Our mother, waiting to pull into a parking space, was thwarted by a black-hearted parking space thief. Righteous and indignant, she got out of her own car, knocked on the window of the other and proceeded to tell the driver off. My mother didn’t swear or rant or beat on the hood of the car. She didn’t even give her the finger. Instead she simply said, “I hope you don’t have a nice day. And I hope you don’t find what you’re looking for in Marshall’s.”
We fell over ourselves laughing at my mother’s choice of fightin’ words. But the laughter was soon eclipsed by the dark truth of the matter; because I had to make my feisty seventy-year-old mother promise me she wouldn’t do anything like that again. Because you can never tell these days when you’re likely to get shot.
What an utterly ridiculous thing to have to think, let alone say.
Yet not a month later didn’t I see an article about a man who shot another man over a parking space dispute? In Boston no less, less than an hour from where my mother’s Marshall’s parking lot rage played out.
Apparently this is what it’s come down to. A country hopped up on Guns n Ammo. A country gone from a landscape of majestic mountains and golden wheat fields to something out of a Quentin Tarantino film. A country with a surprising number of people who adamantly believe the answer is more guns, who won’t be happy until everyone is walking around with a poncho and a shoulder holster like a living, breathing adaptation of The Magnificent Seven.
It’s only a matter of time before they suggest handing out handgun permits when you have a baby. Like they do with car seats.
It’s ok though. Because all this murder and mayhem? That’s the bad guys with guns. Not the good guys with guns.
The funny thing about that is, well…criminals aren’t actually criminals until they commit a crime. So right up until the moment that guy with a gun starts shooting up a movie theatre or a or a school, he was just another good guy with a gun. I haven’t seen any statistics of the number of good guys with guns who have managed to prevent a mass shooting. Please feel free to link me up.
It’s possible I’m just missing those stories on my news feed because they’re getting lost in the articles about toddlers accidentally shooting parents, kids shooting other kids on purpose, and family members killing each other. Or the ones about pissed off people shooting up their workplace. Maybe it’s the ones I have to scroll through about men killing women who left them, men killing women they don’t know just because they’re women. Or the ones about people getting shot for texting too loudly, for not being a good enough waitress, for shining their lights it the parking lot too brightly, for simply being in the wrong place at the wrong time.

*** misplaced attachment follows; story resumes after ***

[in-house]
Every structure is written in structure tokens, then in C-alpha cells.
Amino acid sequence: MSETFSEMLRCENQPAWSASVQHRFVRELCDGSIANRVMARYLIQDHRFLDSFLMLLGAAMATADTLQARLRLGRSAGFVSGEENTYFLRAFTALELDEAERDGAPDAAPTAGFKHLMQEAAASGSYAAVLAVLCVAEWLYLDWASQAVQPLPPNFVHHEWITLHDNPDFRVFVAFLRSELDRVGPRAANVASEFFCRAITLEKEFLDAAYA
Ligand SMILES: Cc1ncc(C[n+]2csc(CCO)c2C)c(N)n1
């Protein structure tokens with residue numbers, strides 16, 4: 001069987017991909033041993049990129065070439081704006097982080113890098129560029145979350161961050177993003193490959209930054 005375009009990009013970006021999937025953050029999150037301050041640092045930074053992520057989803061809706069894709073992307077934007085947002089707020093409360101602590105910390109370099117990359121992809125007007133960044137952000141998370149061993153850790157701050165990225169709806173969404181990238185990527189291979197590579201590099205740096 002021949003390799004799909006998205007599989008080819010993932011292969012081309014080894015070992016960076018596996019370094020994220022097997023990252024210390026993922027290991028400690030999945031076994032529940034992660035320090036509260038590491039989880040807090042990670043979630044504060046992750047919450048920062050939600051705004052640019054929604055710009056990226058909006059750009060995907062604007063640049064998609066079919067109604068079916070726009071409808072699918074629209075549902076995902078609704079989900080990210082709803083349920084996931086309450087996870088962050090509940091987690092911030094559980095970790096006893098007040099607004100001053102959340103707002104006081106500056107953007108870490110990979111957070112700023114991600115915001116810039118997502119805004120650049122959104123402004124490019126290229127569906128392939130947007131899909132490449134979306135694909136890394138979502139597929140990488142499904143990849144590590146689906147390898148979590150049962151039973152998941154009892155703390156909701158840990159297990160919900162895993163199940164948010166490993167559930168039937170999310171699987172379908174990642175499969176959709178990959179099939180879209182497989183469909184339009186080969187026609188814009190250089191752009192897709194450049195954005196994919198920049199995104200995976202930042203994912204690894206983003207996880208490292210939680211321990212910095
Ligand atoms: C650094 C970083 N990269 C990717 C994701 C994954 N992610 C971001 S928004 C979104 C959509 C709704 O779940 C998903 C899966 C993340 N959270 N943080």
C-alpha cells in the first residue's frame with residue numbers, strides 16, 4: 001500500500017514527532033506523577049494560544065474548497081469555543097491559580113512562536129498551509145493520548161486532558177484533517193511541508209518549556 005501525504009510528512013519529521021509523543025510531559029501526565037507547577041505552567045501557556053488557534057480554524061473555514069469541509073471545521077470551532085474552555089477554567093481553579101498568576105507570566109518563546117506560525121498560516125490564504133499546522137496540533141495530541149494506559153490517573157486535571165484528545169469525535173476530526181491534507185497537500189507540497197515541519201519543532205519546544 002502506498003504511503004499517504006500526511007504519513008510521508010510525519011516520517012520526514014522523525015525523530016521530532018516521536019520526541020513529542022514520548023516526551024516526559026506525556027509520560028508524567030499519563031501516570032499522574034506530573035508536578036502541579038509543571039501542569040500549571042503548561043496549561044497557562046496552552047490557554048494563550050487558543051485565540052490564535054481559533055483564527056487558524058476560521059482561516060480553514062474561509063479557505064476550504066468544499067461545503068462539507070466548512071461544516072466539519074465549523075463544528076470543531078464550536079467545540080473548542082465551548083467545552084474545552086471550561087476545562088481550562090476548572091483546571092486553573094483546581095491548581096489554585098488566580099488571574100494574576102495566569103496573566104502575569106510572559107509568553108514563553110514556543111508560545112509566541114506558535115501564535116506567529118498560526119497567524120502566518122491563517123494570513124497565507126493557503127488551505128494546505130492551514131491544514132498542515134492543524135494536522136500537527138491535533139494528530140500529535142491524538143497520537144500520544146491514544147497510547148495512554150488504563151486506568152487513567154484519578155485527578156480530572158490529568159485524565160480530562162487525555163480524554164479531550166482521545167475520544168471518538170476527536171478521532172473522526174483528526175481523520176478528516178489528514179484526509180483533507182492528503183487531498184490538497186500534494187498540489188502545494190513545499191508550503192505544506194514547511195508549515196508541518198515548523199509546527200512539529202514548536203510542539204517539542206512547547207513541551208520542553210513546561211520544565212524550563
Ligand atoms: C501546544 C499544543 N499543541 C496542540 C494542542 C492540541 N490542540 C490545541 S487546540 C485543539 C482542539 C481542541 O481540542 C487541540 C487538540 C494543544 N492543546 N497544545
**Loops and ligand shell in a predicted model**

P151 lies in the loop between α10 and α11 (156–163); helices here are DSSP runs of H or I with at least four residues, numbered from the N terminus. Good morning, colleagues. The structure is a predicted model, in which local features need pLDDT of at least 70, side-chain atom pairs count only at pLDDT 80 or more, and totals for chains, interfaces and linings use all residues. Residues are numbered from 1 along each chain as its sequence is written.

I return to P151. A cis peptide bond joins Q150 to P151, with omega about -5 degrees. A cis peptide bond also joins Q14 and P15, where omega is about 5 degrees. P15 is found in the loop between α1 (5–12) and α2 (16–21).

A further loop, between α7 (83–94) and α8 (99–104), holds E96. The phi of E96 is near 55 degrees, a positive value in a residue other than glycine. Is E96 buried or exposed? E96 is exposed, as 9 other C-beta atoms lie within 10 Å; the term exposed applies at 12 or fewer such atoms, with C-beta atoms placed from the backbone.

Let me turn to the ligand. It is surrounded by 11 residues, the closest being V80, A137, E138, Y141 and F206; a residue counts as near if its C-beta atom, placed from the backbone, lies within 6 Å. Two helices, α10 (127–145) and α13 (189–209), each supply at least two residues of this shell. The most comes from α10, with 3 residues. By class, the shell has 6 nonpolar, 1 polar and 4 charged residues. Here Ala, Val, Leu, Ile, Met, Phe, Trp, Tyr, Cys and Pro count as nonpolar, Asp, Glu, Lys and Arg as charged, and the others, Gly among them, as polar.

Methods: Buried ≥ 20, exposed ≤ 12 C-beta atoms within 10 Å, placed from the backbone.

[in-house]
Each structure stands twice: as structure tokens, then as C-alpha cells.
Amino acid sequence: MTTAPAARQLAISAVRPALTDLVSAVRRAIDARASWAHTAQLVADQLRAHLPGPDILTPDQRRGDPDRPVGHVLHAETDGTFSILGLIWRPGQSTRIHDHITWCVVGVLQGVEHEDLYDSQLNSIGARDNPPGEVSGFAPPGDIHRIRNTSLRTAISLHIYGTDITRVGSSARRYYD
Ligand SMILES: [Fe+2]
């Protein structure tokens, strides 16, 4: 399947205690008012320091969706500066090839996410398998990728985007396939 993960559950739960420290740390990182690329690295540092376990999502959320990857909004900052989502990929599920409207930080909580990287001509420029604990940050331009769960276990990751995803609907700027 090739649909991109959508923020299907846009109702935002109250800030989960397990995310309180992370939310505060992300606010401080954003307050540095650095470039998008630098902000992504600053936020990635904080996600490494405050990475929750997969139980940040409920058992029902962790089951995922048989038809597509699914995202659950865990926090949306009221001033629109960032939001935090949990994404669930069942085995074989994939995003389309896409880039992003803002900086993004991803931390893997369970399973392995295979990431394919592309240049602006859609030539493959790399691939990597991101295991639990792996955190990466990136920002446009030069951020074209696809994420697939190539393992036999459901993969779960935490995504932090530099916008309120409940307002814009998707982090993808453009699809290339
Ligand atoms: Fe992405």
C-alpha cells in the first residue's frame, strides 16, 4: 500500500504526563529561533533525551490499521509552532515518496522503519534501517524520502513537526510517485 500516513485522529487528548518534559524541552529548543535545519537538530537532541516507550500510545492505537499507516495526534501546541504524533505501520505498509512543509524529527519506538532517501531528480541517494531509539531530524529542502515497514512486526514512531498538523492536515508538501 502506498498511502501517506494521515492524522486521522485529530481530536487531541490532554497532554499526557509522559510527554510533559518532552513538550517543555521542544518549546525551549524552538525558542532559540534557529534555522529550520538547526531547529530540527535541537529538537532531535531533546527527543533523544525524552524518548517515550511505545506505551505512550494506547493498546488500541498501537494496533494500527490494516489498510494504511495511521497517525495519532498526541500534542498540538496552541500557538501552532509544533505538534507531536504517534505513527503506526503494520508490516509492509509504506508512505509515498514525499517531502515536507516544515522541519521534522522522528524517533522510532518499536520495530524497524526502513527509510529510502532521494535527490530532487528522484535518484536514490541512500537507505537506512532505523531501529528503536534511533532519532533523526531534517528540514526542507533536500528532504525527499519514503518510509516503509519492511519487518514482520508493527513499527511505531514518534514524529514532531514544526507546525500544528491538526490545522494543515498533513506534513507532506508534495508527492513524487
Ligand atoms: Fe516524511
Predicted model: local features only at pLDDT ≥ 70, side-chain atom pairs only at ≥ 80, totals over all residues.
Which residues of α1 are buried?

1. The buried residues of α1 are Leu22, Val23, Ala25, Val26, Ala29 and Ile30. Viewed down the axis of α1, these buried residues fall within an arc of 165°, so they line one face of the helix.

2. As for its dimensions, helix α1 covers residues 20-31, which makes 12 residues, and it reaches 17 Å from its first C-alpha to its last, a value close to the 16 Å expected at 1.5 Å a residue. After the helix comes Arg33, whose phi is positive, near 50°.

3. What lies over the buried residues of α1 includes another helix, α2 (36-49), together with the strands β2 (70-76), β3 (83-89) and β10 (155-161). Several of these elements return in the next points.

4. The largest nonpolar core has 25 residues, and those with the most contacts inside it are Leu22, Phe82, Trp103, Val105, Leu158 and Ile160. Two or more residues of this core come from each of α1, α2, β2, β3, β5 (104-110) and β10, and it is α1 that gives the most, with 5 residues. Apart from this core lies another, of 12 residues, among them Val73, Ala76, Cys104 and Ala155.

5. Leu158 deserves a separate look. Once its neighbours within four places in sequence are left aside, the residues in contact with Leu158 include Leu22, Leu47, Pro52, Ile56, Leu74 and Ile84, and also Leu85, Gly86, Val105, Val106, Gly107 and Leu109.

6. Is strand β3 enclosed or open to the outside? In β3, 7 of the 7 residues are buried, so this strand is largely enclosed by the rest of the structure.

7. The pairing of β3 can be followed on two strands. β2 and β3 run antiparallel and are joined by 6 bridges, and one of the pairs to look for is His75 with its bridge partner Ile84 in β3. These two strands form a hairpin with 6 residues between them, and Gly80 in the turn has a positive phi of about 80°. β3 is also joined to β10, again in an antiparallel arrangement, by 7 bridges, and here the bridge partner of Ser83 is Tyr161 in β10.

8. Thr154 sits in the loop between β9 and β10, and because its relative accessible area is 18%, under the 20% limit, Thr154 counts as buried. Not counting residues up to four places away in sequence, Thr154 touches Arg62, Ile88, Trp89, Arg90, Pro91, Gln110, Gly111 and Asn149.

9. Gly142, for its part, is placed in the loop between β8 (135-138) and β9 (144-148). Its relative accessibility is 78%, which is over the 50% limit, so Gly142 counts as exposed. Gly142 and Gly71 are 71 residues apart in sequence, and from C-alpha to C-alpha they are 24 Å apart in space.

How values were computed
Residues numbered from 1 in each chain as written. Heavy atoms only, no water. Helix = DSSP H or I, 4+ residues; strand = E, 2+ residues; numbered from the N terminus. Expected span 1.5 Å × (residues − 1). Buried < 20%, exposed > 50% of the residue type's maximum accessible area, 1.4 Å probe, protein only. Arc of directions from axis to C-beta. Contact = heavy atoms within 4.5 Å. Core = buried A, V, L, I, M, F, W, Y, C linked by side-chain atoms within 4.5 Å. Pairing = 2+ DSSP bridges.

The problem is there is no right place anymore. There is nowhere safe. Not Maine, where two men convicted of domestic abuse are taking their fight to own a gun despite a federal ban all the way to The Supreme Court. (For the record, a woman is 500% more likely to be killed in a domestic dispute in a home that has a firearm). Or in Georgia, where you can be legally blind and still purchase, own, and carry a gun. It probably won’t be safe in Iowa either, where it’s likely a bill making it legal for a child under the age of 14 to possess a handgun will soon be on the books.
Some perspective: If you have a pool or a trampoline on your property, you’re required to have fences, safety measures and liability insurance. In fact, some insurers won’t even let you take out a policy at all if you have a trampoline. Yet you can have a house full of guns with no liability requirement, whatsoever. You can’t have a freaking trampoline, but you can have a gun. I’ll take my chances of my kid coming home with a broken arm rather than a fatal bullet to the chest on a playdate gone wrong, thanks.
If you are required to have fences and nets, you should be required to have a gun safe to lock your guns in. If you’re blind, you shouldn’t be able to buy or own a gun. If you’re a doctor, you should be able to ask your patients about whether or not they have guns in the house to discuss safety issues with them. Yet if you’re a physician in Florida, guess what? You can’t. It’s against the law.
It probably doesn’t surprise you to learn I have never fired a gun. I’ve never had any interest. It may surprise you, however, to learn I grew up with a gun in the house (a hunting rifle). It may also surprise you to know that I don’t necessarily believe in banning all guns.
What I do believe is that no ordinary citizen needs an automatic weapon or hollow point bullets or body armor. I believe every ordinary citizen with a gun needs a thorough background check, a waiting period, classes on gun safety and proof of meeting stricter guidelines and requirements. I believe gun owners should be required to have liability insurance. And I also believe gun owners need to be held accountable.
What I don’t believe is that owning a weapon is an absolute right which should be placed above all else.
A kid doesn’t need a handgun. No child needs a handgun. For the love of God, no child needs to possess a handgun. If you want them to hit targets, sign them up for archery lessons. The fourteen year old who gets shot by a friend because of a gun bought and not secured? How many times am I going to read a variation of that story? A man who is convicted of battery against a woman? Sorry. Nope. Her right to life trumps the right to own a gun. If you’re really that into guns, perhaps you should think about it before you beat the shit out of your girlfriend or wife.
This idea of the absolute right of the individual coming above all else is rapidly becoming the biggest danger faced in the US today. But it’s ok, right. Good guys with guns and all that. They’ll save us. Ponchos and all.
Just remember, all those shooters? All those people responsible for killing others? They were all good guys with guns. Before they weren’t.